When we were hyphenated Americans

When we were hyphenated Americans

When tacos were a secret kept in my mother’s kitchen and real quesadillas oozed cheese from corn, not flour, tortillas, we were all hyphenated Americans. My Mexican-American mother taught her Italian-American neighbor how to make enchiladas as she learned the secrets of the sauce pot that simmered on the stove for hours before being drizzled onto the spaghetti noodles. My mother learned “al dente,” and her neighbor “picante.”

People did not just come as tourists to a restaurant for a quick taste of that culture, leaving unchanged, except for expanding the alternatives to whet their palate. People swapped pieces of their culture then and found ways to maintain who they were while expanding their understanding and appreciation for the hyphenated cultures around them and incorporating elements into their own lives. My parents chose a German-American as my brother’s godfather shortly after WWII. The plants thrived in my mother’s little greenhouse with the expertise shared by the Japanese-American couple who lived down the street. My Mexican-American father and his Irish-American business partner shared knowledge of how to grow acres of the celery and tomatoes they would ship to market.

Also read: What being Hispanic or Latino means to me

When we were hyphenated Americans

The voices of Mexican-American, Italian-American, Irish-American and Polish-American children filled the churches of Los Angeles under the tutelage of Irish-American nuns. Mexican-American children learned Irish ditties and Latin hymns as well as the songs to sing in Spanish with the mariachis serenading Our Lady of Guadalupe. And people found surprising cultural overlap. My Mexican culture had warned me about mal de ojo, but it was my Italian-American girlfriend’s mother who saw the symptoms, grabbed my hand, and whispered an Italian incantation of protection from the evil eye above it that cured me on the spot.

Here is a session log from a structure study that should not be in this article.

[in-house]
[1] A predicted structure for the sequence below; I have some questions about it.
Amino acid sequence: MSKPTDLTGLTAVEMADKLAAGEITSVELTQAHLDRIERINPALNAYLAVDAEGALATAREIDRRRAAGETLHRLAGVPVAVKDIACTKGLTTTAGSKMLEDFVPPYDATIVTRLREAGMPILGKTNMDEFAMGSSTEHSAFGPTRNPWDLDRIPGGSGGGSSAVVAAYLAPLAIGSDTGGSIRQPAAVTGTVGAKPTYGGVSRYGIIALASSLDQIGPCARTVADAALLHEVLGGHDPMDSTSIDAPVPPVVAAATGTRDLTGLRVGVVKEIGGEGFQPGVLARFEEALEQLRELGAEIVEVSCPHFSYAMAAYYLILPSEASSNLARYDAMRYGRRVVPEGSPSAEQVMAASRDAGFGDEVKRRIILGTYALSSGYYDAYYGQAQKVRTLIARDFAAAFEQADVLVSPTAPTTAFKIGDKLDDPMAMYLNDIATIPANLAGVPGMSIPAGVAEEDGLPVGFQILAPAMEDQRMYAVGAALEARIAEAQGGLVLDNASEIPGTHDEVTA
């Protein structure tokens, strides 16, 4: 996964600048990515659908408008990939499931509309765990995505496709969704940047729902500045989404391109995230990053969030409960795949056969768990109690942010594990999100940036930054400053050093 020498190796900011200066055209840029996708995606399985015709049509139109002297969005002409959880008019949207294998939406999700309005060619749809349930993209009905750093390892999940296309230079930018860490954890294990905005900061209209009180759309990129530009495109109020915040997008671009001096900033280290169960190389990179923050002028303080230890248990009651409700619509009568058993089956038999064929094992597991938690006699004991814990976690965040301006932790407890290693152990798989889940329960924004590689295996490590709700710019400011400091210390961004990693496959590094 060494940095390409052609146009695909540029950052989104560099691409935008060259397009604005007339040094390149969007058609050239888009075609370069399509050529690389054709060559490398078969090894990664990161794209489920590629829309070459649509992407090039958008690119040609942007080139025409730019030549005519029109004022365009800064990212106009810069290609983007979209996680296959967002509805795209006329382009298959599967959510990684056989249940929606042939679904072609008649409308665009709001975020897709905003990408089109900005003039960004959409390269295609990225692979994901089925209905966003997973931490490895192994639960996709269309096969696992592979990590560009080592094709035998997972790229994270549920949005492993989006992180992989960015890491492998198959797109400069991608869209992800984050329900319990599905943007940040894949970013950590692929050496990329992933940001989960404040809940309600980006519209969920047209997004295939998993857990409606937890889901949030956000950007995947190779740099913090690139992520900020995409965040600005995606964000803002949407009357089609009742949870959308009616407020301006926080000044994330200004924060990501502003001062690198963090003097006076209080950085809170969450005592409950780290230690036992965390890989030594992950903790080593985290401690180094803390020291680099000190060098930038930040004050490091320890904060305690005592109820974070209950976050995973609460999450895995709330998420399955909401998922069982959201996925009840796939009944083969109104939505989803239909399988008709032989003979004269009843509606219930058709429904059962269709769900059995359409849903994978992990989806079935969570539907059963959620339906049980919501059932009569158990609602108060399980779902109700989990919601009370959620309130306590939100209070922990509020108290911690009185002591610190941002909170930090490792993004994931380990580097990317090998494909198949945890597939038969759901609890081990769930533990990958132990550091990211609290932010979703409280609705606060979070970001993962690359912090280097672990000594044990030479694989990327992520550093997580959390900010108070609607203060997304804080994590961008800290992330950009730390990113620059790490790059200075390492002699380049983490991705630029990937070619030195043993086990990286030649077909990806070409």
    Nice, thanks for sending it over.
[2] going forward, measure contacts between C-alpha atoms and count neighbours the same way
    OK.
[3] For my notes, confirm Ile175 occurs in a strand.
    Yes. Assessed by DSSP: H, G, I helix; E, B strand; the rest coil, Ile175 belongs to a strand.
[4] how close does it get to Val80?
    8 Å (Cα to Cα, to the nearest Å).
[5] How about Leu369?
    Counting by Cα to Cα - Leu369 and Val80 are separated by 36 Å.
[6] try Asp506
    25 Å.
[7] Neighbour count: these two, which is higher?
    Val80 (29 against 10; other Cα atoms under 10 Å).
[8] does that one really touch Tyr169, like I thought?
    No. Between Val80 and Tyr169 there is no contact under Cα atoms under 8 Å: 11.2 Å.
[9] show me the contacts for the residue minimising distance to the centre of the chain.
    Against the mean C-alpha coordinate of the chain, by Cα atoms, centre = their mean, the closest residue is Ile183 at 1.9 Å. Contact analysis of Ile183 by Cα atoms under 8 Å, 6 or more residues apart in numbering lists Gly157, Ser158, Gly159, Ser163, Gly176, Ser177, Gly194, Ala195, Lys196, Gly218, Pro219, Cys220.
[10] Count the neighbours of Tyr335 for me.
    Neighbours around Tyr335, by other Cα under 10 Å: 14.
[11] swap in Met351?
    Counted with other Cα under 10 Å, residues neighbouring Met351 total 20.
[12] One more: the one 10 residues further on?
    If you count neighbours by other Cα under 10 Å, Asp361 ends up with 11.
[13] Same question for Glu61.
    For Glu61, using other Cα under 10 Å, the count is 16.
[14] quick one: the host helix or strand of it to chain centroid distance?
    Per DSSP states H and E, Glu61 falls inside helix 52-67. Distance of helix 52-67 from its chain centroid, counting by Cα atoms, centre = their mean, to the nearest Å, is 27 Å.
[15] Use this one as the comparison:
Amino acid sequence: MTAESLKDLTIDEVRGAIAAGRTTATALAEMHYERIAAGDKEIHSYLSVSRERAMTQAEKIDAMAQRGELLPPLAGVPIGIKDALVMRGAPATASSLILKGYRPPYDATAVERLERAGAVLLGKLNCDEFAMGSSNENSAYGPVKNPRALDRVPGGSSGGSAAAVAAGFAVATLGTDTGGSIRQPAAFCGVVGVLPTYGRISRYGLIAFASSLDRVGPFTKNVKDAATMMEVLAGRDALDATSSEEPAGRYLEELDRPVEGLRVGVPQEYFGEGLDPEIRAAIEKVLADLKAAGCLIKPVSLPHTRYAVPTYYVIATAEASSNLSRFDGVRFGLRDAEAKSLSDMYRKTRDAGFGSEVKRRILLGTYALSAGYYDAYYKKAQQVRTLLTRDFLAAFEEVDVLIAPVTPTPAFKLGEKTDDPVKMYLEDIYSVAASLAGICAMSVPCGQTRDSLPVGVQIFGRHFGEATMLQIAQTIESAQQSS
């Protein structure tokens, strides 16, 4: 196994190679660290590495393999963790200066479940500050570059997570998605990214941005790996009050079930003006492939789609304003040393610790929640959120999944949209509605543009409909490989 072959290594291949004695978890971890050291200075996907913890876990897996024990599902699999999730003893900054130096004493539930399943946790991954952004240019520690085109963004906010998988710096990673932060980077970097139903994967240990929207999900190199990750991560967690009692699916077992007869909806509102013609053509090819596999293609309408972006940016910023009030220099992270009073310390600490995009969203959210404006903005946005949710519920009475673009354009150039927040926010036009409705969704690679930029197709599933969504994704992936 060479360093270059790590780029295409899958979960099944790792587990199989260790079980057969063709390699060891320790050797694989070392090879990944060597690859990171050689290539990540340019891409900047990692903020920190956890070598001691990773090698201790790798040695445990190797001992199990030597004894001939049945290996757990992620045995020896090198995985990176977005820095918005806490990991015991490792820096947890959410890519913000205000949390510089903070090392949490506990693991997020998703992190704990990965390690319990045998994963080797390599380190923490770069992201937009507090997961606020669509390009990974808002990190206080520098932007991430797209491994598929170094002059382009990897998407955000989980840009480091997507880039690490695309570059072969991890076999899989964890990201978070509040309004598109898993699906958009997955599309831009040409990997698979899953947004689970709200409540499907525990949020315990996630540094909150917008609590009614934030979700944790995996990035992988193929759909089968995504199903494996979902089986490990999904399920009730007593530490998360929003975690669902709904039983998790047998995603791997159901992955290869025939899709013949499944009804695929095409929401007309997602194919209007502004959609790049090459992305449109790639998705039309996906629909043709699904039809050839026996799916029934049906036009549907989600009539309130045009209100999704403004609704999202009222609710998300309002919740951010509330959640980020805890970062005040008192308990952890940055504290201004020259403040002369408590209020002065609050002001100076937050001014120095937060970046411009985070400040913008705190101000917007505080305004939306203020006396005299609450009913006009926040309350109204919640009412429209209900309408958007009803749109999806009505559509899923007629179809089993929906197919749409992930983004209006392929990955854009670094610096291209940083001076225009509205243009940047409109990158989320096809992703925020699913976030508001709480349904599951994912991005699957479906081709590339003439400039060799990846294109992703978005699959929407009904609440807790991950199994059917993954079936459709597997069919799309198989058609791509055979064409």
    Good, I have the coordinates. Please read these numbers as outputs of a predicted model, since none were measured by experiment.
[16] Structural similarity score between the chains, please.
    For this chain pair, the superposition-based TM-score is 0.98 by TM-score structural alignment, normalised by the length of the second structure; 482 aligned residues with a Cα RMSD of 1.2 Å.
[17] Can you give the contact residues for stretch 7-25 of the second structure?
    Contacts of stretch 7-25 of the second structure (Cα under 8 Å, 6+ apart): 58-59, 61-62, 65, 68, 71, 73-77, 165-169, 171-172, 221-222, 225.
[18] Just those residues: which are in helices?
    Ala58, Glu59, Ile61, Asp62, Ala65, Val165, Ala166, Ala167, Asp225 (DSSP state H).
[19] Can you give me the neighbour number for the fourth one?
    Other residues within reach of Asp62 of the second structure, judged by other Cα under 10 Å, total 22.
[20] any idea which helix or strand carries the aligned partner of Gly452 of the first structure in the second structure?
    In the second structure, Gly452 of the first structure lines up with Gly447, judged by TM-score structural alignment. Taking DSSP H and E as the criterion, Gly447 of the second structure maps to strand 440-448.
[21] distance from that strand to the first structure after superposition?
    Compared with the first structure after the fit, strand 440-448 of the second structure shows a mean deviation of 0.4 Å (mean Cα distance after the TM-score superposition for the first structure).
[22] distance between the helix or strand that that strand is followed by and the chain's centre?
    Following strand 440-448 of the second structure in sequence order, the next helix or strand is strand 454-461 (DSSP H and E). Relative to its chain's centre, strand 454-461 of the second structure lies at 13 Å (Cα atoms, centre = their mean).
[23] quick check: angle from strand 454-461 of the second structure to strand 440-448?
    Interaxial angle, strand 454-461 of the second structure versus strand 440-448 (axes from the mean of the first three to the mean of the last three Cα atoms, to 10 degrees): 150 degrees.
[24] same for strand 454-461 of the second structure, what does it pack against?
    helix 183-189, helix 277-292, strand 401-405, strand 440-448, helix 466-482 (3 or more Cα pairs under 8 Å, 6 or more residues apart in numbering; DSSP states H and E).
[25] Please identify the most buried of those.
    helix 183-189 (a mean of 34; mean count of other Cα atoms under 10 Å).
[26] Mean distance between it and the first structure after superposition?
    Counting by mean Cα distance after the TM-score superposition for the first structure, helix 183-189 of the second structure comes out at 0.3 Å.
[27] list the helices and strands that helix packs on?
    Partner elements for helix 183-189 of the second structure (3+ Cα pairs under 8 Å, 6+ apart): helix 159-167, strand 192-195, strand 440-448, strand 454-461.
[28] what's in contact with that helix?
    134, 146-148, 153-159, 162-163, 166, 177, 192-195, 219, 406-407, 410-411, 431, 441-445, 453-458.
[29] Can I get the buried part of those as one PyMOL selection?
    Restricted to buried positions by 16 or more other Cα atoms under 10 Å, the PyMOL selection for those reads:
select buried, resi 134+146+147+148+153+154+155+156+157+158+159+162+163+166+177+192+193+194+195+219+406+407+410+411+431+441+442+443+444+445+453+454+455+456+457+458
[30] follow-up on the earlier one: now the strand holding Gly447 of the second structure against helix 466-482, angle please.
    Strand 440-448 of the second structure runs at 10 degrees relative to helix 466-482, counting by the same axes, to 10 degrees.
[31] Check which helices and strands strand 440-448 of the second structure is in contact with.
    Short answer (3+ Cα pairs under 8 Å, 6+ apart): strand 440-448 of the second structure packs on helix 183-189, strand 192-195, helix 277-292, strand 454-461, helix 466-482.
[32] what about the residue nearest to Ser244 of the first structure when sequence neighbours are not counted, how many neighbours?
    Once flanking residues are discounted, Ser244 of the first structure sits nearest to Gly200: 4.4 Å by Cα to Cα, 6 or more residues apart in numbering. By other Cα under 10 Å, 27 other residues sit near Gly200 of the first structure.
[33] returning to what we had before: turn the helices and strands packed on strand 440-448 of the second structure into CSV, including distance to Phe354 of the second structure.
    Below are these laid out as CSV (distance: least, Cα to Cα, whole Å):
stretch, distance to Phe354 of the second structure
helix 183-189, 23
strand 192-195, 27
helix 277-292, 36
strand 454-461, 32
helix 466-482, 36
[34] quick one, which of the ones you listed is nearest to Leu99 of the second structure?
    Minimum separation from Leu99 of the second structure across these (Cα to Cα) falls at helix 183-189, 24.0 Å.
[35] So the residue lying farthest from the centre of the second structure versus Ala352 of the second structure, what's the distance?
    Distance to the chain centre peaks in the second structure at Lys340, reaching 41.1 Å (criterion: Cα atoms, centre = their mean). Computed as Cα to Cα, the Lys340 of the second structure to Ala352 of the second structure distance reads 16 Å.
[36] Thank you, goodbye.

I am not dismissing that hyphens were also used to mark boundaries, to keep the hyphenated apart from the mainstream unhyphenated, who believed their unhyphenated status gave them the only claim to authentic American. It is also clear that some groups abandoned their hyphens earlier than others and entered the mainstream, and barriers remained for others with or without hyphens.

I just worry that sometimes the removal of the hyphen also signaled a separation from one’s traditional culture in ways that left only superficial trappings for the generations ahead, be they tacos or sushi. The secrets of past generations are now woven into the multicolored tapestry of America, but I worry that the power and origin, and the authenticity, of the individual strands will be lost despite, or because of, the beauty of the whole.

Diane De Anda

Diane de Anda, a retired UCLA professor and third generation Latina, has edited four books on issues related to multicultural populations and published numerous articles in scholarly journals, short stories, poetry, and essays in Rosebud, Straylight, Storyteller, Pacific Review, Frogpond, Modern Haiku, Bottle Rockets, Presence and others, eight children’s books, satires in Humor Times , and a collection of 40 flash fiction stories.